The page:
It is well established that individuals who engage in more positive social interactions report a broad array of benefit relative to those with fewer positive social interactions. Yet less is known about how, within individuals, naturally occurring social interactions in daily life relate to momentary indicators of health (e.g., mood, psychological, and physiological stress). The current study used ecological momentary assessment (EMA) to examine these within-person relationships, as well as complementary between-person relationships, among 115 adults (75% female; Mage = 41.21). Participants completed six EMA surveys per day for 3 days to report on whether they experienced any social interactions and whether the interactions were pleasant as well as on their mood, pain, tiredness, interest, and perceived stress; they also provided a salivary cortisol sample after each EMA survey. Multilevel modeling analyses showed that individuals felt more happiness and interest, and less sadness, tiredness, and pain, during moments when they were engaged in a social interaction versus when they were not. Individuals also reported less stress during more pleasant versus less pleasant social interactions. When examining between-person effects, we found evidence that people who gave more pleasant interactions generally reported more positive outcomes. This study presents evidence for intraindividual links between social interactions and momentary health indicators in daily life.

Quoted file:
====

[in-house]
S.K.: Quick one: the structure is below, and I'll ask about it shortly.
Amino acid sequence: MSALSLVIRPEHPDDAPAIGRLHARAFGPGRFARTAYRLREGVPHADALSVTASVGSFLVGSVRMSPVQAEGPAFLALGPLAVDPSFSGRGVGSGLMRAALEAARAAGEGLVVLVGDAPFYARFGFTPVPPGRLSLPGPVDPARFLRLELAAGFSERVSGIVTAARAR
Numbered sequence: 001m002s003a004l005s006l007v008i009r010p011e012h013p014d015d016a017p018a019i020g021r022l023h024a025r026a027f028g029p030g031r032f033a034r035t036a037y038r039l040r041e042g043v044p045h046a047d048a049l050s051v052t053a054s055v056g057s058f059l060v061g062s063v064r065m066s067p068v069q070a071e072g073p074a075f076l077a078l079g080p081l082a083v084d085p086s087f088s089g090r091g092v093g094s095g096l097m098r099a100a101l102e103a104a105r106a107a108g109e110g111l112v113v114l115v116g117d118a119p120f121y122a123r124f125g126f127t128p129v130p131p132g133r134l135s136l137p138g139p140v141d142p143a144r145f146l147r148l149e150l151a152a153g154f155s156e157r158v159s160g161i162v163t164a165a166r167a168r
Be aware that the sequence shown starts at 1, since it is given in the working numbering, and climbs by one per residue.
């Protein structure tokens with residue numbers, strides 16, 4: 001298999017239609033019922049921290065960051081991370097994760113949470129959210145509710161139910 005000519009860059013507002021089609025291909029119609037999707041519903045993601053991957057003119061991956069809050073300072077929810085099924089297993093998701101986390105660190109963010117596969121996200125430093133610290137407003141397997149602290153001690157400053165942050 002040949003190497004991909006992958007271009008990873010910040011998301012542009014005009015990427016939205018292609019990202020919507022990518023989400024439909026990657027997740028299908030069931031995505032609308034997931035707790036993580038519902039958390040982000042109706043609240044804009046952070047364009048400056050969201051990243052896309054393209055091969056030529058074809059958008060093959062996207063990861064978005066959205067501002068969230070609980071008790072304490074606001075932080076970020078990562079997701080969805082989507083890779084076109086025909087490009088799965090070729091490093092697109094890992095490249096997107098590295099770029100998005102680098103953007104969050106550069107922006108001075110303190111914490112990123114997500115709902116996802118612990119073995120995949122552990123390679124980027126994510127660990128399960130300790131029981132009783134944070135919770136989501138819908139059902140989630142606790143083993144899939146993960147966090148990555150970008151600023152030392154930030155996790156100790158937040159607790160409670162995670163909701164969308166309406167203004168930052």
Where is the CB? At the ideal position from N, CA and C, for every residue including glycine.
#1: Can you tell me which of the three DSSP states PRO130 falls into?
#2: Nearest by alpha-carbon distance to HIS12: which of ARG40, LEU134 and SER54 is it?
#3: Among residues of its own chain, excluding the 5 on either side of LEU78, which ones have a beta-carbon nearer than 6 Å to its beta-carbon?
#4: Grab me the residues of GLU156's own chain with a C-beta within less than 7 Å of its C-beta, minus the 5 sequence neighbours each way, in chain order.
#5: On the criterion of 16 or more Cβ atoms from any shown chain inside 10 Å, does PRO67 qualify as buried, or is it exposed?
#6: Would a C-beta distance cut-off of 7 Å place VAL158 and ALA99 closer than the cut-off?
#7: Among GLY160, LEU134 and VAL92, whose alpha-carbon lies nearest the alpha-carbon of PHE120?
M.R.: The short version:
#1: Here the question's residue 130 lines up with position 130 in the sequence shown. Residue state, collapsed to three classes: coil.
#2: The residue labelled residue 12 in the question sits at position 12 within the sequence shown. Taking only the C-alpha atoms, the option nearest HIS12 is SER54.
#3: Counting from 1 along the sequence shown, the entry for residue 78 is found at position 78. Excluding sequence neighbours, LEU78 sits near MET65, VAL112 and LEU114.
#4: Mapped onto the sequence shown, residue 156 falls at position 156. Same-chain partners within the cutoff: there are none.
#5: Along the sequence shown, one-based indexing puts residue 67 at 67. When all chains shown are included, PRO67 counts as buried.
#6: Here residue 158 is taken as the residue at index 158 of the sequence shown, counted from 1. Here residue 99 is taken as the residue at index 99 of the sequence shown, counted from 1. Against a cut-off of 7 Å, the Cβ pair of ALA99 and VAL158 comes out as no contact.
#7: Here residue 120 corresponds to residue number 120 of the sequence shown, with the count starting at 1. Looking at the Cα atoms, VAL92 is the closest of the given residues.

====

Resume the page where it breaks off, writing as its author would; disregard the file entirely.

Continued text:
All Science Journal Classification (ASJC) codes
- Social Psychology
- Developmental and Educational Psychology
- Sociology and Political Science